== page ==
US President Donald Trump said last week that Republicans would be the new "party of healthcare" and would scrap the Affordable Care Act (ACA) that covers 20 million Americans and replace it with a better one.
"I made it clear to him we were not going to be doing that in the Senate", McConnell told reporters. "He did say, as he later tweeted, he accepted that and that he would be developing a plan that he would take to the American people during the 2020 campaign, and suggested that is what he would be advocating in a second term if there were a Republican Congress", he said.
Democrats countered that Trump, in conjunction with McConnell, has jammed the Senate with a set of historically unqualified nominees and broke with traditions of previous administrations, of both parties, in consulting with senators from the other party on many appointments. "Vote will be taken right after the Election when Republicans hold the Senate & win back the House".
Obama signed the Affordable Care Act in 2010, and most of the provisions took effect in 2014.
Trump's surprise at the assertion could not have outmatched Senate Republicans' own when the POTUS surprised them with a demand for comprehensive healthcare reform with little more than a series of tweets as warning.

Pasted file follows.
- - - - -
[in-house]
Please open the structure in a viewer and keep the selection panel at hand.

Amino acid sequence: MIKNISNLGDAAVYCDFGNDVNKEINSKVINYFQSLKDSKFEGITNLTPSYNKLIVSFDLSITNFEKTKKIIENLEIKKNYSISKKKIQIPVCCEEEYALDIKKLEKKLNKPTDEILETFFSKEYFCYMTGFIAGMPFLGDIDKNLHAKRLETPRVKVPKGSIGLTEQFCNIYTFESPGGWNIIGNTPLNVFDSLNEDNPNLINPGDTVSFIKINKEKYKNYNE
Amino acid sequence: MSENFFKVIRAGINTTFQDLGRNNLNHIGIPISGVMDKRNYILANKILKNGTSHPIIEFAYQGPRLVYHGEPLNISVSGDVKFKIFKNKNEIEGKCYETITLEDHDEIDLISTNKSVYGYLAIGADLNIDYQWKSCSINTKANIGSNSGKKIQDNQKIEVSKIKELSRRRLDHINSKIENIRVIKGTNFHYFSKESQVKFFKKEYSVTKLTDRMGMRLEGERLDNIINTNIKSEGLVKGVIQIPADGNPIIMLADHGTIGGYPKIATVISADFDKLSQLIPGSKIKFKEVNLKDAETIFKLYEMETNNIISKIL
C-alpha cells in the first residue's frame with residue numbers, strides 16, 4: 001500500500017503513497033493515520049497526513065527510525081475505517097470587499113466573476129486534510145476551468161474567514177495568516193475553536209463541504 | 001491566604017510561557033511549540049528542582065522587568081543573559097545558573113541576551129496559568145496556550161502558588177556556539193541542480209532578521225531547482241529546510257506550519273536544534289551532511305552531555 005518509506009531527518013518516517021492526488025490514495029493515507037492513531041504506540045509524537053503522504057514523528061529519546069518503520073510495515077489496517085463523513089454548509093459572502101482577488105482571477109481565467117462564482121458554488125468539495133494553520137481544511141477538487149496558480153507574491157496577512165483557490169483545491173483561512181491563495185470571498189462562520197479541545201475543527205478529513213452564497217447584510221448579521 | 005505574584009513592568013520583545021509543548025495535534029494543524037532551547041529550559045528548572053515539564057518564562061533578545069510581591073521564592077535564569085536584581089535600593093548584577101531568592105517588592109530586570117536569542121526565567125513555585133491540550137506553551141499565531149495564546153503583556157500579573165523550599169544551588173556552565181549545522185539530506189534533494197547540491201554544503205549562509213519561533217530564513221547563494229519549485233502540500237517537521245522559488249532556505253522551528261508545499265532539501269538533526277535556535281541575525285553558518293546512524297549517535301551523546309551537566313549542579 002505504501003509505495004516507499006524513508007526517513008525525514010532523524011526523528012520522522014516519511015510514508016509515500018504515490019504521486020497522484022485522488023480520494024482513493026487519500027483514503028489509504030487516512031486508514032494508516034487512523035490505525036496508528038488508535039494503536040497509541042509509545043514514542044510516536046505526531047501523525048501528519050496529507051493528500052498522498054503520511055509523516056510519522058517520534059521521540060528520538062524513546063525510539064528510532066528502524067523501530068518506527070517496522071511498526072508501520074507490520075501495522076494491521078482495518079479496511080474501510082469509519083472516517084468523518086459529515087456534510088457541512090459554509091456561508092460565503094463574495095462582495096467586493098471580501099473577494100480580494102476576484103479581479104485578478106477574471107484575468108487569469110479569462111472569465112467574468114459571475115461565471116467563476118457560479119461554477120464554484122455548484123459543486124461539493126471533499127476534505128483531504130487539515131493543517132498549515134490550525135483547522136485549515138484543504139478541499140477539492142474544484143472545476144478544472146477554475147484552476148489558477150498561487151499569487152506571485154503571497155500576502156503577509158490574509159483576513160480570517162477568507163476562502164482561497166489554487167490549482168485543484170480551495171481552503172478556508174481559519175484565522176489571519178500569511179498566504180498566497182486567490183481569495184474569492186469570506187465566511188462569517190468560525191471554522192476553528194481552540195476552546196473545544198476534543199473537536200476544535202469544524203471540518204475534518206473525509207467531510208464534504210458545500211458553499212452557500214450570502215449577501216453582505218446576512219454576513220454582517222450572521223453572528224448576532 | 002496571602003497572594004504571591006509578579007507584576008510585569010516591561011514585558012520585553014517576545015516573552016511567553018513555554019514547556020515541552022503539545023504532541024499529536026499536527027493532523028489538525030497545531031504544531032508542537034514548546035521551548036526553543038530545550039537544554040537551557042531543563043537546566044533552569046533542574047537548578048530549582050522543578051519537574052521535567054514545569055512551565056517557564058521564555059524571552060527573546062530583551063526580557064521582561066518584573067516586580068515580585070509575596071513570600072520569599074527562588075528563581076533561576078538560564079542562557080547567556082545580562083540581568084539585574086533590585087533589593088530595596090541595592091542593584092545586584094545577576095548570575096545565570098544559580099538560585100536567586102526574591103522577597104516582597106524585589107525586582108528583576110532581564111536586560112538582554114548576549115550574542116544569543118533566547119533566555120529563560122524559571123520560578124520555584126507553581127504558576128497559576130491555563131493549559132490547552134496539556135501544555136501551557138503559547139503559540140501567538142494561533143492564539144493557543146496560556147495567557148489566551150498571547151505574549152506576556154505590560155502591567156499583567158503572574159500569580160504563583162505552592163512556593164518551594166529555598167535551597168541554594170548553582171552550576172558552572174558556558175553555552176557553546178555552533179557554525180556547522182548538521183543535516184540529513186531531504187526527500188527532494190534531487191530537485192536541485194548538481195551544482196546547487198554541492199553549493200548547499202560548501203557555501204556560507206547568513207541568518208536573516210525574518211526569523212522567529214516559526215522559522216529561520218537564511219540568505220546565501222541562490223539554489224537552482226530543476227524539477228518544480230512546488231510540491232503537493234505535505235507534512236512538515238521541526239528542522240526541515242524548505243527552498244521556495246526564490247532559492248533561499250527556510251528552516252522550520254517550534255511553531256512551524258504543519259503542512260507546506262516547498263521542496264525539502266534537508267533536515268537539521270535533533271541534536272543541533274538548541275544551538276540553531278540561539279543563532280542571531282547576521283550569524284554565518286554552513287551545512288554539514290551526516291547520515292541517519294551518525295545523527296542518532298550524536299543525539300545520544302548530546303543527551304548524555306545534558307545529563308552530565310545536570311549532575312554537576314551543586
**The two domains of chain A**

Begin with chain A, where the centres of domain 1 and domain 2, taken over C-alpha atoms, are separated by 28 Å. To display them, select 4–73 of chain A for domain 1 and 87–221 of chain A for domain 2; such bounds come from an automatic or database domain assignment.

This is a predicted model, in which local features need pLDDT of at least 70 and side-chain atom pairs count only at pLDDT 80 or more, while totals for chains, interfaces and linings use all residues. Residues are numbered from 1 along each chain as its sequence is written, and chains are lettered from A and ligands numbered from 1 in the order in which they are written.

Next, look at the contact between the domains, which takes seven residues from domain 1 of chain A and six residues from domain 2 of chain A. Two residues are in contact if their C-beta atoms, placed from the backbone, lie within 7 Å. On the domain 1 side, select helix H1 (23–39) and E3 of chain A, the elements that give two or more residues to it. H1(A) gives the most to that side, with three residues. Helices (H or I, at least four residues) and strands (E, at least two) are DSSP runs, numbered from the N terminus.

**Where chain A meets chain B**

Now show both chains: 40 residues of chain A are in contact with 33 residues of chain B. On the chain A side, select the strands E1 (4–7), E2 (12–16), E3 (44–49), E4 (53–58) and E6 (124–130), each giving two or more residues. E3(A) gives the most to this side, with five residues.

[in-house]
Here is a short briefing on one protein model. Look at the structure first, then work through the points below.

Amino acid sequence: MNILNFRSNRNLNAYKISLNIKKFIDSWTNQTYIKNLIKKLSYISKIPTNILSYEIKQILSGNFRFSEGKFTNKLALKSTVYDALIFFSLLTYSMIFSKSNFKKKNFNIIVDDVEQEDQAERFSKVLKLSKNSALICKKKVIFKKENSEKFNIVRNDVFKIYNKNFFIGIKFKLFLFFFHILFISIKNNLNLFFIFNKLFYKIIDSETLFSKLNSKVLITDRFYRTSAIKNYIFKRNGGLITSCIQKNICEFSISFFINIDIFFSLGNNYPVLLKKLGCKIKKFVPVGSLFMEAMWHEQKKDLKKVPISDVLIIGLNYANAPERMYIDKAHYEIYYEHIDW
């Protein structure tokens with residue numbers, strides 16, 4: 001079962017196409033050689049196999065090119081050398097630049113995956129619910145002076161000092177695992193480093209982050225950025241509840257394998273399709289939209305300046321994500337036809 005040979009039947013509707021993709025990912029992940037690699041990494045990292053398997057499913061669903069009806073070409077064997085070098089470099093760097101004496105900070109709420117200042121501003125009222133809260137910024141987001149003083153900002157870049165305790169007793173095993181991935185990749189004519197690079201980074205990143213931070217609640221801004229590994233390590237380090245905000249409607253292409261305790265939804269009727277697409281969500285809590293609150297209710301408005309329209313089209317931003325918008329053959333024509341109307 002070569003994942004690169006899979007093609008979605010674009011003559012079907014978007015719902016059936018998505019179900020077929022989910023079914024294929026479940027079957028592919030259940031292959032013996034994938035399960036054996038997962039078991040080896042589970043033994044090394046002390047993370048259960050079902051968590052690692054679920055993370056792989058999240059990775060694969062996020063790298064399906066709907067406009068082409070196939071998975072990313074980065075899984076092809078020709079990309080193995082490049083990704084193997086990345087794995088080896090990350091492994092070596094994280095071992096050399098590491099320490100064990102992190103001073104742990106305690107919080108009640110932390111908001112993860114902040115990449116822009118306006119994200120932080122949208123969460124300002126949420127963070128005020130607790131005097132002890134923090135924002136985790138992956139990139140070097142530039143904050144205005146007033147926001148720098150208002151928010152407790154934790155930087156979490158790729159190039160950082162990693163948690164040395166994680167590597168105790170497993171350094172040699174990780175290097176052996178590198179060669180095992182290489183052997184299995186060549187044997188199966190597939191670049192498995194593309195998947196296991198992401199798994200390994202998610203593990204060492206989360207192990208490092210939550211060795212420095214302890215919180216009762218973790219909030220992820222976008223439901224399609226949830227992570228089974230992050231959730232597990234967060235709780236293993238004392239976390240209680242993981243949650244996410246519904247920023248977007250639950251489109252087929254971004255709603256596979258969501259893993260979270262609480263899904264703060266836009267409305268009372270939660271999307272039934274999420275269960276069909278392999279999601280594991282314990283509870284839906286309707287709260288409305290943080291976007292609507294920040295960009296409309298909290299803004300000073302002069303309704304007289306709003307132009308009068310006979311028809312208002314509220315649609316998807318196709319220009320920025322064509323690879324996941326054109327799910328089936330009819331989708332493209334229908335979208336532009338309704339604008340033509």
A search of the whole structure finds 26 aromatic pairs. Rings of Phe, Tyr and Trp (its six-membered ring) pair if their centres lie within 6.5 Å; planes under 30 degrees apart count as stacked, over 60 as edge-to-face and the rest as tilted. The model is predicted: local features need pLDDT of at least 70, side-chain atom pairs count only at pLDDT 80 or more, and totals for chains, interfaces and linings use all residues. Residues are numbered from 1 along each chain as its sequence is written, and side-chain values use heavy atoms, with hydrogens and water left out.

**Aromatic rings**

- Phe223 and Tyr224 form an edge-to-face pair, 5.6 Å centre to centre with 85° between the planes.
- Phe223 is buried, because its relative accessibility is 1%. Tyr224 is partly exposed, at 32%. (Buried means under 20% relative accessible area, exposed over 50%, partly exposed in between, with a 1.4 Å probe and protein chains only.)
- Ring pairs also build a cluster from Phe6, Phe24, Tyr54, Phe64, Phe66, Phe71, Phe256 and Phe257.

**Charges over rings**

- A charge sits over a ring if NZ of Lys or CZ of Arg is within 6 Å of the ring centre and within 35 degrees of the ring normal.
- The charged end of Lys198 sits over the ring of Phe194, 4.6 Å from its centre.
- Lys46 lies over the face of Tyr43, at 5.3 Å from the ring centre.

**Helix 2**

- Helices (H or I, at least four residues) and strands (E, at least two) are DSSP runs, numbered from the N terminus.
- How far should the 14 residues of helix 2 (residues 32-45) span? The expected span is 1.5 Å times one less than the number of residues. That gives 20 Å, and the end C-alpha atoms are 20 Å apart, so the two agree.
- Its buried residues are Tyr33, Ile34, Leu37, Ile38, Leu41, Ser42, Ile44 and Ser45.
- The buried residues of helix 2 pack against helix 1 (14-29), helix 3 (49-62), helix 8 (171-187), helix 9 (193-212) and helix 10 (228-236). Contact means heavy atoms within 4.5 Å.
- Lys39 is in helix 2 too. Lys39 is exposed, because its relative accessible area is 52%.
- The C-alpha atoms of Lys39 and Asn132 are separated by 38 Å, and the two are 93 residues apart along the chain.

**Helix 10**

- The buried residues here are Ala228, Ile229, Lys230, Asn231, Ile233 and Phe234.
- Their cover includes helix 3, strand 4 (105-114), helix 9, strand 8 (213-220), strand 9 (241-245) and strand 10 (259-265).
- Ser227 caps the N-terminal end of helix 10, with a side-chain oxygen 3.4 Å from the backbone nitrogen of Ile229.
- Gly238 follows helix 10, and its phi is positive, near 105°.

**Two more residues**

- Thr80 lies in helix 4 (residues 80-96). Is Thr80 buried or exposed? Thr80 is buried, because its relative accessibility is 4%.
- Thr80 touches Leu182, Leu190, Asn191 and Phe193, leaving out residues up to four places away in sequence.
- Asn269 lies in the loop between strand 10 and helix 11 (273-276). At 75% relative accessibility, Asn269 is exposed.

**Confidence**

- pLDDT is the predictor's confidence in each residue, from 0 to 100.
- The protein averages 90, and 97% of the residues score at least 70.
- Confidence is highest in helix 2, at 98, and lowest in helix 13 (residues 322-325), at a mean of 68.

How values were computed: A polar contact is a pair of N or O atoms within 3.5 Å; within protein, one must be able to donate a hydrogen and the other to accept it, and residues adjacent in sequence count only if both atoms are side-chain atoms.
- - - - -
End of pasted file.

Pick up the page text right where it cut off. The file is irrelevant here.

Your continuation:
Moments earlier, Schumer accused the GOP leader of vowing to turn the Senate into a "conveyor belt" to approve Trump's nominees and admonished Republicans for allowing McConnell's "debasement of the Senate".
We've seen this pattern before: Trump blurts out a promise he thinks everyone will like, but it turns out his party has no interest in pursuing it, and eventually the vow just disappears.
Senate Majority Leader Mitch McConnell, R-Ky., used a complex procedural maneuver, known as the nuclear option, to cut debate for lower-level nominees from 30 hours to two hours. In response, I argued that he was putting his party in an uncomfortable position by forcing Republicans to talk about an issue they would much prefer to avoid altogether.
Trump's comments, which came via his Twitter feed late Monday, confirmed health care will play a significant role on the campaign trail over the next two years. Fifty-four percent of respondents said that they have a lot or some trust in Democratic lawmakers to protect or improve health care, compared to 41 percent who said the same about Republicans. "The American people are for having access to care". But Trump's promised big, new health care bill wasn't going happen with Democrats running the House. And it signaled that, after two years in Trump's Washington, Republicans on Capitol Hill are figuring out how to handle the president and his impulsive swerves on policy. Instead, Trump could focus on the issue during the election. While his hardcore supporters continue to cheer the idea of repealing the Affordable Care Act, they generally support the law's provisions.
President Trump says there won't be any plan ready until 2021.
"It is time for this sorry chapter to end", McConnell said on the Senate floor.
"If you look at the history of the Senate, the filibuster until 2003- so for well over 200 years- was never considered to be part of the nominating process", said Blunt, the Senate Rules chairman.